Takeda, ADA create online resource guide for T2DM management


ConnecT2Day is designed to help healthcare providers counsel patients in managing type 2 diabetes.

Takeda Pharmaceuticals and the American Diabetes Association (ADA) have launched ConnecT2Day, an online resource guide designed to help healthcare providers counsel patients in managing type 2 diabetes.

“Patients need educational and motivational information as they work each day to manage their disease,” said Marjorie Cypress, PhD, C-ANP, CDE, ADA’s president, healthcare and education. “Active self-management is key for people living with diabetes, and ConnecT2Day provides healthcare practitioners with the resources they need to help them better connect and converse with their patients about their health.”

The tools

Developed from data provided by providers and patients, ConnecT2Day resources include an online professional engagement portal that features research findings, dial testing created from focus groups, and downloadable tools such as a Patient Conversation Toolkit. The toolkit provides a pocket reference card to which healthcare providers can refer when talking with diabetes patients, as well as a summary of research findings on the condition.

“Supporting healthcare professionals and ultimately patients is of utmost importance to us at Takeda, which is why we are delighted to collaborate with the [ADA] on ConnecT2Day,” said Charles Baum, vice president and head, U.S. medical and scientific affairs, Takeda Pharmaceuticals International. “At Takeda, we recognize that healthcare professionals play a critical role in how their patients think about and in turn manage this complex disease.”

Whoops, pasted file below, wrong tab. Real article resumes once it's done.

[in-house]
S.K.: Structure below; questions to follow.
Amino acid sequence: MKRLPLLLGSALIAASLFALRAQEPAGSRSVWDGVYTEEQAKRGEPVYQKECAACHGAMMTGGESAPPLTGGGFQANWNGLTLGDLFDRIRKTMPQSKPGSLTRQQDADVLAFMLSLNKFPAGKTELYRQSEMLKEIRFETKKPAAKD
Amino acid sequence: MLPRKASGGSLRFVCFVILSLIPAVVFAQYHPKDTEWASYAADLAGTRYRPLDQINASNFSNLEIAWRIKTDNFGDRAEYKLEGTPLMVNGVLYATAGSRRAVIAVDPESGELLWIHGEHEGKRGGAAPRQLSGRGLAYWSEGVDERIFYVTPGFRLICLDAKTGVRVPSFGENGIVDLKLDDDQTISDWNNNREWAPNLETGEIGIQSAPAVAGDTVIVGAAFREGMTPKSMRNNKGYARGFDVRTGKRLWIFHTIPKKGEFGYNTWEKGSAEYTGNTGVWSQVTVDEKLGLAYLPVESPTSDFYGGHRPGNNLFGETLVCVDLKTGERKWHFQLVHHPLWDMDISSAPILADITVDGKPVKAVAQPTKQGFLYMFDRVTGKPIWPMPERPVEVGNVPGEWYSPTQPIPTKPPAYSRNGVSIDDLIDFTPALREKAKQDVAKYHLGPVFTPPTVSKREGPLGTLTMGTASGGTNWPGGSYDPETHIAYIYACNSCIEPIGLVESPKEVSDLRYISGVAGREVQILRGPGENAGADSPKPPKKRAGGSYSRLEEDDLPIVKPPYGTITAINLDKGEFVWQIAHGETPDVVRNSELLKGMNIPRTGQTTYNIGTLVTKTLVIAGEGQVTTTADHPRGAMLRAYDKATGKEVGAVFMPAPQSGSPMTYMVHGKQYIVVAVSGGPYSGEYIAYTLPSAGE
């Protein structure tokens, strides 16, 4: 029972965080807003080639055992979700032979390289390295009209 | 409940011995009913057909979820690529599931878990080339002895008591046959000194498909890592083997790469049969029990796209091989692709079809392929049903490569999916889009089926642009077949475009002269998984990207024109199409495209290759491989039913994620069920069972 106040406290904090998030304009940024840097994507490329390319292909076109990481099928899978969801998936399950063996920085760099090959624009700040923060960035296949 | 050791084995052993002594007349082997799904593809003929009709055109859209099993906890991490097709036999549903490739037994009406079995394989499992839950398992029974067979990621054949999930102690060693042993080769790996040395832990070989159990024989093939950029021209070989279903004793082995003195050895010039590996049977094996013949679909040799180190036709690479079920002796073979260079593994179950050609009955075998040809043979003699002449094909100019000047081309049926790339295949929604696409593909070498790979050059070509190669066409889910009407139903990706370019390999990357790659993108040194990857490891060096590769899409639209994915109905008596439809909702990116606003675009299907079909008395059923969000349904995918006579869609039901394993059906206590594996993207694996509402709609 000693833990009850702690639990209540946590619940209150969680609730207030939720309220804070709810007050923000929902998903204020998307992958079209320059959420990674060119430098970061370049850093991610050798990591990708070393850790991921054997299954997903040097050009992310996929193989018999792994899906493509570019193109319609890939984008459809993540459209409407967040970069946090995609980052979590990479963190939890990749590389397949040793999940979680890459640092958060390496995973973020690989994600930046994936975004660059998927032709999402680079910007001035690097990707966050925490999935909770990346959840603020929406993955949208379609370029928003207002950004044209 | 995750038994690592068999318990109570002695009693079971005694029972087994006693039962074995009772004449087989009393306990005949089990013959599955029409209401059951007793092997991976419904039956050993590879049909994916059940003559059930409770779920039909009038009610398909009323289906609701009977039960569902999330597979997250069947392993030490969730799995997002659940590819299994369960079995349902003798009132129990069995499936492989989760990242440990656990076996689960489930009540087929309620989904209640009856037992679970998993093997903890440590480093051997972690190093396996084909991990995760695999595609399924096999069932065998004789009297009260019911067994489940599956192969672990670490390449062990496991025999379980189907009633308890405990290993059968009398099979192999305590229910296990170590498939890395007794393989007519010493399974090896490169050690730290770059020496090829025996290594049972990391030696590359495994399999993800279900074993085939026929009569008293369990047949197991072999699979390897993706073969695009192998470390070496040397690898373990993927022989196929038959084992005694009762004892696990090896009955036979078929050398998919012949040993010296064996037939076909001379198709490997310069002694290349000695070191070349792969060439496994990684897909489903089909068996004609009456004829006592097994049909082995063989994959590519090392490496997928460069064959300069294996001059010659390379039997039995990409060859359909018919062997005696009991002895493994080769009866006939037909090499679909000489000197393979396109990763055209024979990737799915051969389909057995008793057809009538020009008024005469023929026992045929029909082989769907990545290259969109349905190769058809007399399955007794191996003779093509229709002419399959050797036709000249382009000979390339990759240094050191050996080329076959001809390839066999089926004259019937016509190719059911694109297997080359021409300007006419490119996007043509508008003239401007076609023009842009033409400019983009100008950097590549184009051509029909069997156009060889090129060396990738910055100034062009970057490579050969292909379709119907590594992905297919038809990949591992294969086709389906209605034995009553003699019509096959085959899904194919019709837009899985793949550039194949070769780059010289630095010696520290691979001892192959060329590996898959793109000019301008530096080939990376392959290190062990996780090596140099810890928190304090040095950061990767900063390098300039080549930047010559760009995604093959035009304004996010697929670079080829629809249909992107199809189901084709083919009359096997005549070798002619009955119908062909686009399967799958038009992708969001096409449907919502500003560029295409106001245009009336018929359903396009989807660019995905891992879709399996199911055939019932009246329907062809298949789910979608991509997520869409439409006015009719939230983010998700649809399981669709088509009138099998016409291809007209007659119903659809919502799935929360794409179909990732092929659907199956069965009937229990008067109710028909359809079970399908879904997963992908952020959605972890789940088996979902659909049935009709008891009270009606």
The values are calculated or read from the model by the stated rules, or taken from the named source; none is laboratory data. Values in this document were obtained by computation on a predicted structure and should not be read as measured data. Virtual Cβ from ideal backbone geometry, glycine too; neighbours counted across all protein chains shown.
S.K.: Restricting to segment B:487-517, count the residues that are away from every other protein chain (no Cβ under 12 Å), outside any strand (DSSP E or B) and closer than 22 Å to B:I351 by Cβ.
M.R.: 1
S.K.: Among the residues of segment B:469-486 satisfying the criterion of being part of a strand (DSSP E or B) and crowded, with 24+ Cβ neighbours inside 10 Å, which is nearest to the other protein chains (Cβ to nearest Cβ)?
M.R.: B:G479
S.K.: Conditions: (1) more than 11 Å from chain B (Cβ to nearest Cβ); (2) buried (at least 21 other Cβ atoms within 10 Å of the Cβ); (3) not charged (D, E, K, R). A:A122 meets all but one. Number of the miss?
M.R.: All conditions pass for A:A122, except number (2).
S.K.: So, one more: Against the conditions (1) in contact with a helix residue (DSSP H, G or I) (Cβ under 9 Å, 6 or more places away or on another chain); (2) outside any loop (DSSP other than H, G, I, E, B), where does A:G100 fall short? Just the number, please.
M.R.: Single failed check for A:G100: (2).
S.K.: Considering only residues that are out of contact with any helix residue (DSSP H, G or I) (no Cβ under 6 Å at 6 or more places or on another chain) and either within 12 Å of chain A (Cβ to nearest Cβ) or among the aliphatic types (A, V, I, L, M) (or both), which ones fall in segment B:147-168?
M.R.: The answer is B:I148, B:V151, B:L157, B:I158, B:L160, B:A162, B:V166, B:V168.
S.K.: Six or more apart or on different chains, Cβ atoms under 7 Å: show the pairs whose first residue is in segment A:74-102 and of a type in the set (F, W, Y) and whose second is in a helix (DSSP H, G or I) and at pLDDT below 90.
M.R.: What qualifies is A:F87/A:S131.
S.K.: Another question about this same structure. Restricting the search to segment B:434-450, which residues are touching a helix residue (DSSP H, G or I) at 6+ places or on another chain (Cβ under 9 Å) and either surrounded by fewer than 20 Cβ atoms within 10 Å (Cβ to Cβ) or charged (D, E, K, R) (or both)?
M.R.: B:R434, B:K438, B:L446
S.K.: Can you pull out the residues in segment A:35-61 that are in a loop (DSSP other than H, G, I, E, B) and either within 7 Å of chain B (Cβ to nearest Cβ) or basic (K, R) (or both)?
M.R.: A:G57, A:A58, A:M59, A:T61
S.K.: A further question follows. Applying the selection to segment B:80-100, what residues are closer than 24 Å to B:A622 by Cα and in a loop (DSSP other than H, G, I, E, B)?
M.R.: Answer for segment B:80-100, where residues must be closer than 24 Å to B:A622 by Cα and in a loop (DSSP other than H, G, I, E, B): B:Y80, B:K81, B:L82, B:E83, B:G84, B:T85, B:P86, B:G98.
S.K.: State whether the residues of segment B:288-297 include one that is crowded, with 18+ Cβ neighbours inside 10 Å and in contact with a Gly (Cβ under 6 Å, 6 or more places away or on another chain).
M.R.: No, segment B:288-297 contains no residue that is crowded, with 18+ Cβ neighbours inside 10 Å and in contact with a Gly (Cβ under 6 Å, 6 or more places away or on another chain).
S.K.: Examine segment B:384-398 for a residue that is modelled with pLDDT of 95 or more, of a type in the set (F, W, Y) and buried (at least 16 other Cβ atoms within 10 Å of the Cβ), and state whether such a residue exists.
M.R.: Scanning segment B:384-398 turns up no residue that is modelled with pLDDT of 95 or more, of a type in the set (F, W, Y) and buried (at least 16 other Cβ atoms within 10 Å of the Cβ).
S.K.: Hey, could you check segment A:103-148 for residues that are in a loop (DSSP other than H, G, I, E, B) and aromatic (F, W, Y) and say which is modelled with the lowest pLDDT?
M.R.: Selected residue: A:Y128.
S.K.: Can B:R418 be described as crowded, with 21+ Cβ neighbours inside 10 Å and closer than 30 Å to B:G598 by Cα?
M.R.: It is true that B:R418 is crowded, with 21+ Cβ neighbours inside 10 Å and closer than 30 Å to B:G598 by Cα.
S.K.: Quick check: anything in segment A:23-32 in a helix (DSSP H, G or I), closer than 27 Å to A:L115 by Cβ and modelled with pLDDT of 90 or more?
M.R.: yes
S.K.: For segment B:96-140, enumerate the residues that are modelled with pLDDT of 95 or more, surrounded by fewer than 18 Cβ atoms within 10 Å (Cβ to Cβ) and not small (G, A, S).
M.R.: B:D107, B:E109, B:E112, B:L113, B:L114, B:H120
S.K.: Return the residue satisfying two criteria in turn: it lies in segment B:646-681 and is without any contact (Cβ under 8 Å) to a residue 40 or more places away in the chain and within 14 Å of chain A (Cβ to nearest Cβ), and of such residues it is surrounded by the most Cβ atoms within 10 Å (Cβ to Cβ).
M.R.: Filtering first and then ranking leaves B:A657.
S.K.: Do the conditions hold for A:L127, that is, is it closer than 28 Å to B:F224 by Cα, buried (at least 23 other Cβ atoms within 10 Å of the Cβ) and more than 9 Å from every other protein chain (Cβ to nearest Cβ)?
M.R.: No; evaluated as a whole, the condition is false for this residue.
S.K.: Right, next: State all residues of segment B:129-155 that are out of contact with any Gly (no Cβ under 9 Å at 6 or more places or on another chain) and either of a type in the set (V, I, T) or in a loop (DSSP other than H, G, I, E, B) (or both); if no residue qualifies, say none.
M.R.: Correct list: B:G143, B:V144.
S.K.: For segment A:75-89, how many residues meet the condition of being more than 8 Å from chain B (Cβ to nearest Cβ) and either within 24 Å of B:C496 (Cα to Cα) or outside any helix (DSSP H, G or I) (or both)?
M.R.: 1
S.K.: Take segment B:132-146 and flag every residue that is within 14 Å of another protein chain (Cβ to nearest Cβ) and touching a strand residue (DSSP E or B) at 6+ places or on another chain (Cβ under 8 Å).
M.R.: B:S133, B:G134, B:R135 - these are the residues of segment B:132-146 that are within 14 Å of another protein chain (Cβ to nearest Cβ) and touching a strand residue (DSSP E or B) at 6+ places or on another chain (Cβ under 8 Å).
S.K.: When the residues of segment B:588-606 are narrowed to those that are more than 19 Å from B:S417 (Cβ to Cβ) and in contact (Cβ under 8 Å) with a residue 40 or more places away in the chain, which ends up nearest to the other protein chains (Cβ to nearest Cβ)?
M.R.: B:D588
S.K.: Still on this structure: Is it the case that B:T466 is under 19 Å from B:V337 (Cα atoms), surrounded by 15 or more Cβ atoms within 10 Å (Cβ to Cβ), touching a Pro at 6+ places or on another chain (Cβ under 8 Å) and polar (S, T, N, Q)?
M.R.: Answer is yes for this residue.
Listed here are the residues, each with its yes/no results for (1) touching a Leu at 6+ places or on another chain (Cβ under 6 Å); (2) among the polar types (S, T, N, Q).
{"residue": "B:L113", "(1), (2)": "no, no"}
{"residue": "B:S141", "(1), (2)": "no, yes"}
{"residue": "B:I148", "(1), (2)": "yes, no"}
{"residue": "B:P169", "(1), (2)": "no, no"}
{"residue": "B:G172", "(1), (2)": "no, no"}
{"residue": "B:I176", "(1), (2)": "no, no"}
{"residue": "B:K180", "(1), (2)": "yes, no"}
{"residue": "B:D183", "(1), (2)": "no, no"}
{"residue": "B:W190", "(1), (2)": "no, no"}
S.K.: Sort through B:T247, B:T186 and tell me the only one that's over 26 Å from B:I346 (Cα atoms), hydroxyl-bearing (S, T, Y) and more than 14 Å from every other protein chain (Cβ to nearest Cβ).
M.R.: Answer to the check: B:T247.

The tips

The tips offered at the website include suggestions to influence positive behavior through emphasis of the benefits of better self-management rather than the threat of potential complications. Another tip suggests building trust with patients, as research indicates that when patients believe their healthcare provider understands and hears them, they are more committed to their treatment regimens.

The website also suggests providing patients with type 2 diabetes straightforward, factual explanations of what is happening in their bodies, instead of metaphors or analogies.

Takeda and the ADA developed the tips through the use of qualitative and quantitative primary research of patients and healthcare providers throughout the United States. Researchers collected real-world messaging used by healthcare providers and measured that language to determine how it resonated with focus groups.

To access ConnecT2Day, visit http://professional.diabetes.org/ConnecT2Day_Home.aspx.

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